The F/W 20-21 collection includes denim made with recycled cotton and recycled elastane. That focus on upcycling is being carried into other parts of Closed’s collection, including the addition of recycled nylon and recycled cashmere blends in its ready-to-wear offerings.
“For us, it is key to combine our sustainable fabrics with the same fashion aspect and high quality Closed has always been known for,” Closed design team Johanna Czepalla and Johanna Zschietzschmann said.
One of Closed’s new and fashionable fits for F/W 20-21 is the slightly flared jean, the Baylin, with a high waist and cropped leg. “It is offered in our super-authentic black comfort denim in a worn wash, which is achieved with low-impact washing methods,” the team said. “Additionally, we will offer our complete shaper denim line in a recycled elastane blend with organic cotton.”
And for most brands, sustainability doesn’t start and end with recycled fibers.
An early adopter of recycled fibers, premium denim brand DL1961’s ingredients list includes cotton that is certified to the Global Recycled Standard (GRS) or Recycled Claim Standard (RCS). The brand also uses Tencel x Refibra, a fiber technology that helps reduce industry waste by upcycling cotton scraps in manufacturing. DL1961’s path for a sustainable future also includes waterless finishing and resource-efficient dyeing.
The company views the 50th Earth Day anniversary in 2020 as an opportunity to push its product to be even more sustainable. DL1961 is launching an ultra-sustainable rinse capsule across men’s, women’s and kids. “The styles use even less water for washing, little to no dry process and eco-friendly trims,” said Zahra Ahmed, DL1961 CEO. “This sleek and fashion-forward rinse capsule contains jackets, shirts and bottoms in a range of fits with contrast stitching.”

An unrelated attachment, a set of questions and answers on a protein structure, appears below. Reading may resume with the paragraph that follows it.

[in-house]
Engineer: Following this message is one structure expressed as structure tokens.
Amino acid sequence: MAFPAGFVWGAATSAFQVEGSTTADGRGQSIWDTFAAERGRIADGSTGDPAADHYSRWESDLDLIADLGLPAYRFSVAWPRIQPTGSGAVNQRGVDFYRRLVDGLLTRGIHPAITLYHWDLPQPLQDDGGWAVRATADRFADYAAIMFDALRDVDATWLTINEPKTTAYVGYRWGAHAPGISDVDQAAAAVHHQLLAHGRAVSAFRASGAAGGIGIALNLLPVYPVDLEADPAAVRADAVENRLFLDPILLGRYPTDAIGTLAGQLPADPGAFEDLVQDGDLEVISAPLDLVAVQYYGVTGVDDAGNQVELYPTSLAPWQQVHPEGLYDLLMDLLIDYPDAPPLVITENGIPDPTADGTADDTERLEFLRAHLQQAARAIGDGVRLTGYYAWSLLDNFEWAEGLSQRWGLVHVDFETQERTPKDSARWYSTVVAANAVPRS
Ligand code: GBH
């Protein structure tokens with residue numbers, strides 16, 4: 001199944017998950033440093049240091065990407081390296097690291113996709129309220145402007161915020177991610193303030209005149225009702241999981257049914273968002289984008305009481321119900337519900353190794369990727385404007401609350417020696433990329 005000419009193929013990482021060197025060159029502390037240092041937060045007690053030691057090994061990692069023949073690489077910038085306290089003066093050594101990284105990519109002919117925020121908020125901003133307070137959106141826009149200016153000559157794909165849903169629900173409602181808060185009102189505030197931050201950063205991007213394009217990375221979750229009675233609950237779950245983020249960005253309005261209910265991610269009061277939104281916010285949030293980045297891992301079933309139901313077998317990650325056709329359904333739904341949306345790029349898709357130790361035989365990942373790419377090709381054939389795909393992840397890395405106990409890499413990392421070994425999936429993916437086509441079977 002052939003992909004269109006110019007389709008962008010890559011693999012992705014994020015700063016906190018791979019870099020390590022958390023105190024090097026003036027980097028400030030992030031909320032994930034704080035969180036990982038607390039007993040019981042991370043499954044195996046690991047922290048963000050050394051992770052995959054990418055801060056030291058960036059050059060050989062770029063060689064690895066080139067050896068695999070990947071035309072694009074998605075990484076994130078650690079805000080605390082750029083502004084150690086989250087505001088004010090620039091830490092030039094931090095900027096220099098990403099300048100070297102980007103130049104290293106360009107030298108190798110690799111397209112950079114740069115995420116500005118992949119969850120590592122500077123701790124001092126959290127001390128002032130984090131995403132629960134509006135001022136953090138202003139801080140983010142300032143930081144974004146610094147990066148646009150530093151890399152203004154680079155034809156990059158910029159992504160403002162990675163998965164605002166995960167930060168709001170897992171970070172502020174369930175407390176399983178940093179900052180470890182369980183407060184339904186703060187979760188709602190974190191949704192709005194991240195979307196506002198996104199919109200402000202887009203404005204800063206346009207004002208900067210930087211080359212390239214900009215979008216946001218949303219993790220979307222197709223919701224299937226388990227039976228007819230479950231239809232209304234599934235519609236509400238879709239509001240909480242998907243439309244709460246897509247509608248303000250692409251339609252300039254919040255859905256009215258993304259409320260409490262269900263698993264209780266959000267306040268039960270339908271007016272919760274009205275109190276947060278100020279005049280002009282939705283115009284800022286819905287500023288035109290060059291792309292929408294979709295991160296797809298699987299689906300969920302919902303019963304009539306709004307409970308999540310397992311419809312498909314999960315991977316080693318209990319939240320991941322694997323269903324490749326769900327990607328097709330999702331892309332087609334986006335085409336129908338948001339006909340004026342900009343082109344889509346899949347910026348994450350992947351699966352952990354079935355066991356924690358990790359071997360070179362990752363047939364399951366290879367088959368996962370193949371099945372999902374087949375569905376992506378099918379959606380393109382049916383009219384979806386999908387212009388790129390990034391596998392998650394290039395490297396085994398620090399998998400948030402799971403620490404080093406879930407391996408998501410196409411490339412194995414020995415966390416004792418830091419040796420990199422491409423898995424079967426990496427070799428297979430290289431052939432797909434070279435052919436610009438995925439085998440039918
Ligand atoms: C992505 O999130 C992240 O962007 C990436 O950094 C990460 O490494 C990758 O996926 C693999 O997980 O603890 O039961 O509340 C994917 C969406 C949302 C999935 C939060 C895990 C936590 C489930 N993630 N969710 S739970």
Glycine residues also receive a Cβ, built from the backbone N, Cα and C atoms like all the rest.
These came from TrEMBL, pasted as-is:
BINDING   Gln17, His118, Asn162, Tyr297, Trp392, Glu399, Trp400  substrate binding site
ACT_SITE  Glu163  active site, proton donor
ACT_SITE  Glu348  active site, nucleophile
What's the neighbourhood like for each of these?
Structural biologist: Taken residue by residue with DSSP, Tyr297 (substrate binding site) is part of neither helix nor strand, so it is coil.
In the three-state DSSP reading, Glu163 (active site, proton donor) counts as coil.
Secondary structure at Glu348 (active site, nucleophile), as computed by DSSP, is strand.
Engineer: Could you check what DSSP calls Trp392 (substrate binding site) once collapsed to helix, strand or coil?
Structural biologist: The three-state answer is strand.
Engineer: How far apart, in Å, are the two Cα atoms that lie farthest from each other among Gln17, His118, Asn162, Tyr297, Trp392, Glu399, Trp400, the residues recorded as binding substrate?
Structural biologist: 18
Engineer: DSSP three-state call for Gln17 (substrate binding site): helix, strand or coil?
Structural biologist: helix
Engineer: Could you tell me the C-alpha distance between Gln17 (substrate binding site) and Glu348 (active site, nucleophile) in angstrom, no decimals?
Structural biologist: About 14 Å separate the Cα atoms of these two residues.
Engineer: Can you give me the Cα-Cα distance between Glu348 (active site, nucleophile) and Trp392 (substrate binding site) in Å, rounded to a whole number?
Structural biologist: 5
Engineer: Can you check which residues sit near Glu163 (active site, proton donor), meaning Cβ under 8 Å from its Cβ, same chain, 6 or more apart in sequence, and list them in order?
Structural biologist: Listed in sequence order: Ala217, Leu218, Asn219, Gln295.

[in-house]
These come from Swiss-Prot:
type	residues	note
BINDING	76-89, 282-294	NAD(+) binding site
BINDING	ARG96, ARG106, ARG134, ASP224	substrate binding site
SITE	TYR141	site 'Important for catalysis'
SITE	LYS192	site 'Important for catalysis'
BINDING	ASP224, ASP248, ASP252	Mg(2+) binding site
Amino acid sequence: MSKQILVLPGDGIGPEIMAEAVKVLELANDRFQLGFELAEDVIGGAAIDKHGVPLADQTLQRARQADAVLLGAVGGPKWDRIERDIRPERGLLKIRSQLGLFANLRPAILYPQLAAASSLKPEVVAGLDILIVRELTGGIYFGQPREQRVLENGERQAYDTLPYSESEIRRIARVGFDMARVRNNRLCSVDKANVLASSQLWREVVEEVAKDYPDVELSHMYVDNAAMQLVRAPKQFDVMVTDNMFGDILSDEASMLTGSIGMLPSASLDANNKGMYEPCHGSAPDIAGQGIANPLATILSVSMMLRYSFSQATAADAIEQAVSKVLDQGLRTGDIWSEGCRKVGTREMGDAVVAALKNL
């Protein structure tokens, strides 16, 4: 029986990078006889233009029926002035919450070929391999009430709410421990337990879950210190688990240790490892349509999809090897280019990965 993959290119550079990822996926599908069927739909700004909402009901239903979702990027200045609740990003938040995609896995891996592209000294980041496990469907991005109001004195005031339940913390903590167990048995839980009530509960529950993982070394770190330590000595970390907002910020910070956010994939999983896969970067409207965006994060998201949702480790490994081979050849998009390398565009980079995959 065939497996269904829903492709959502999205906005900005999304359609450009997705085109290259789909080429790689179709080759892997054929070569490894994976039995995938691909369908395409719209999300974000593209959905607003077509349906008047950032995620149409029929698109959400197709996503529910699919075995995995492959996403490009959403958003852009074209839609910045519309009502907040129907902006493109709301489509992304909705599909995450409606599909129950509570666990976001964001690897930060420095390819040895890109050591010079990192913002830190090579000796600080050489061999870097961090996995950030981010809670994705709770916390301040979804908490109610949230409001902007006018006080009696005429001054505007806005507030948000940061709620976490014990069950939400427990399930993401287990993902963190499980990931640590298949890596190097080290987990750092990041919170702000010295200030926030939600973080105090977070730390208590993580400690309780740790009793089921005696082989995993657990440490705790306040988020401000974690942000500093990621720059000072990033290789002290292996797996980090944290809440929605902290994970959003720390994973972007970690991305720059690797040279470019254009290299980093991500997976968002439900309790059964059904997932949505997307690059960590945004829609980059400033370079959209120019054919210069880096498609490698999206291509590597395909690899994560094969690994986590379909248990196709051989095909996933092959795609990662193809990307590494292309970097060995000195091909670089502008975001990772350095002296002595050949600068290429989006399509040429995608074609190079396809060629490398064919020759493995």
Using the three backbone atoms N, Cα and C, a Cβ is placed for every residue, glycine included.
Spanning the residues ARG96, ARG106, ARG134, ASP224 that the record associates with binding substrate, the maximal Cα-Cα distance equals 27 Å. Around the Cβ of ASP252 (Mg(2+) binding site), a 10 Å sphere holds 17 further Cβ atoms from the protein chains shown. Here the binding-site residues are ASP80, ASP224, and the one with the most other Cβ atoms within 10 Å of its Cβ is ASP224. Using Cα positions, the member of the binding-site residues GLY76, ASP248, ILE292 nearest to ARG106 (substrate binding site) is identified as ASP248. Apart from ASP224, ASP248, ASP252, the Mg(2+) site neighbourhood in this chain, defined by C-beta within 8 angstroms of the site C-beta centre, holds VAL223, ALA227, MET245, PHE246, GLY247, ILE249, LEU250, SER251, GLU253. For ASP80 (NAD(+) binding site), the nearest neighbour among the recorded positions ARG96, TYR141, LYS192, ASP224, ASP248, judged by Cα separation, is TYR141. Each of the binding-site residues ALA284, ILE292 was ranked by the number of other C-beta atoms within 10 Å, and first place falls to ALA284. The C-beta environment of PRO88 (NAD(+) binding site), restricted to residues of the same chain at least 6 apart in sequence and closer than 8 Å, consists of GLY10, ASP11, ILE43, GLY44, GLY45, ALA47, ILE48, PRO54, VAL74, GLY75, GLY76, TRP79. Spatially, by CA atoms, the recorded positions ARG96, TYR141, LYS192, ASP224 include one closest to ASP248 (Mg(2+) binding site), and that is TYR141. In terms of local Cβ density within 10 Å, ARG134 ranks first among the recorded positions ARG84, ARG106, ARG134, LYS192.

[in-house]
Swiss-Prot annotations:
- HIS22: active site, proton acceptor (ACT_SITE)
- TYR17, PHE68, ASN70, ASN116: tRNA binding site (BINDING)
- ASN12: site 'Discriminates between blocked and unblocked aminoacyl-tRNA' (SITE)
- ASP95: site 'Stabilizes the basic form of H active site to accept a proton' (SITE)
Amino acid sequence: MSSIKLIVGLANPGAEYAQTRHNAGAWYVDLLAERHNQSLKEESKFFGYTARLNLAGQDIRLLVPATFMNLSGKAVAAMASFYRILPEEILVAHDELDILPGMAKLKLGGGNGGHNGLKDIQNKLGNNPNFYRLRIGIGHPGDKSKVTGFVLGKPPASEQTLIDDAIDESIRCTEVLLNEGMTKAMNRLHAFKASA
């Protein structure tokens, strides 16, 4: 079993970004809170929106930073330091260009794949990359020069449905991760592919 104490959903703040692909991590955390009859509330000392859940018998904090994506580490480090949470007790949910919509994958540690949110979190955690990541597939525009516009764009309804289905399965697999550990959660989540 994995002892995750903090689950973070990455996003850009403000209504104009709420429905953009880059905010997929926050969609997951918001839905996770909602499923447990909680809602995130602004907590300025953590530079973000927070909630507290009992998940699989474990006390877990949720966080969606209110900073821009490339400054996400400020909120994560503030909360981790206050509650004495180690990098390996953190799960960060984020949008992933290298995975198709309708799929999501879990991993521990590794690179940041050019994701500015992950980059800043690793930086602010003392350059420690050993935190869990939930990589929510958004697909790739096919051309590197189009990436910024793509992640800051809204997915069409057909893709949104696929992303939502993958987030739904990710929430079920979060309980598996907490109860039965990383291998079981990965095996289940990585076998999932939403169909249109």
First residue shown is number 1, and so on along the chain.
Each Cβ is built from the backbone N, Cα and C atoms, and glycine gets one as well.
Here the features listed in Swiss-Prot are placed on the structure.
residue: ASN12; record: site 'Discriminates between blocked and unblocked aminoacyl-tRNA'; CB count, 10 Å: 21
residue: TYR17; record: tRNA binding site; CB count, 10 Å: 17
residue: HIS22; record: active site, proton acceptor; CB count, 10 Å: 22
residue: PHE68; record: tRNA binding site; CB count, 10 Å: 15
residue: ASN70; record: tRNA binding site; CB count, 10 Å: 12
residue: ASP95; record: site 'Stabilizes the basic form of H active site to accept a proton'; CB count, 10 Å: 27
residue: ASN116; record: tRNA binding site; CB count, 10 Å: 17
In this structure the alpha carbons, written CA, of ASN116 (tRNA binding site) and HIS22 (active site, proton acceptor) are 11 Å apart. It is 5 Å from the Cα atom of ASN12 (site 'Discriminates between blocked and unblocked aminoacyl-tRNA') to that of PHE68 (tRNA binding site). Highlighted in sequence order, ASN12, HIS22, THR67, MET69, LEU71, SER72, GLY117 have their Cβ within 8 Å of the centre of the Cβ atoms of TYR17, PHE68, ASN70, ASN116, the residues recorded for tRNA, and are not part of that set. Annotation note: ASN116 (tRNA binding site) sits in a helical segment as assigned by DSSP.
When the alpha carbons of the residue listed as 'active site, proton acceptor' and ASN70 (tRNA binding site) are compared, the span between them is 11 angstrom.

Liverpool Jeans is introducing its first sustainable capsule collection for F/W 20-21. Made with Better Cotton Initiative (BCI) certified cotton and aniline-free indigo from Archroma, the low-impact collection includes 10 styles for women. By using finishing technologies that eliminate the use of pumice stones, bleach and potassium permanganate, Liverpool washes jeans with just one cup of water, which gets recycled back into the manufacturing process.
Each style has an accompanying QR code that will drive customers to a landing page with everything they need to know about the garment, including the jeans’ Environmental Impact Measurement (EMI) score, which measures water consumption, chemical consumption, energy consumption and human impact.
In addition to utilizing recycled fibers in its products, Mavi has shifted to using recycled paper for its paper branding elements, and it has developed a new back patch to eliminate the use of leather, making its jeans 100 percent vegan.
“We aim to use less water and energy throughout production, and have redesigned our wash techniques with more sustainable processes such as laser and ozone technology,” Durmaz said. “We’ll continue to incorporate sustainable-minded fabric, production and washing technologies in future collections.”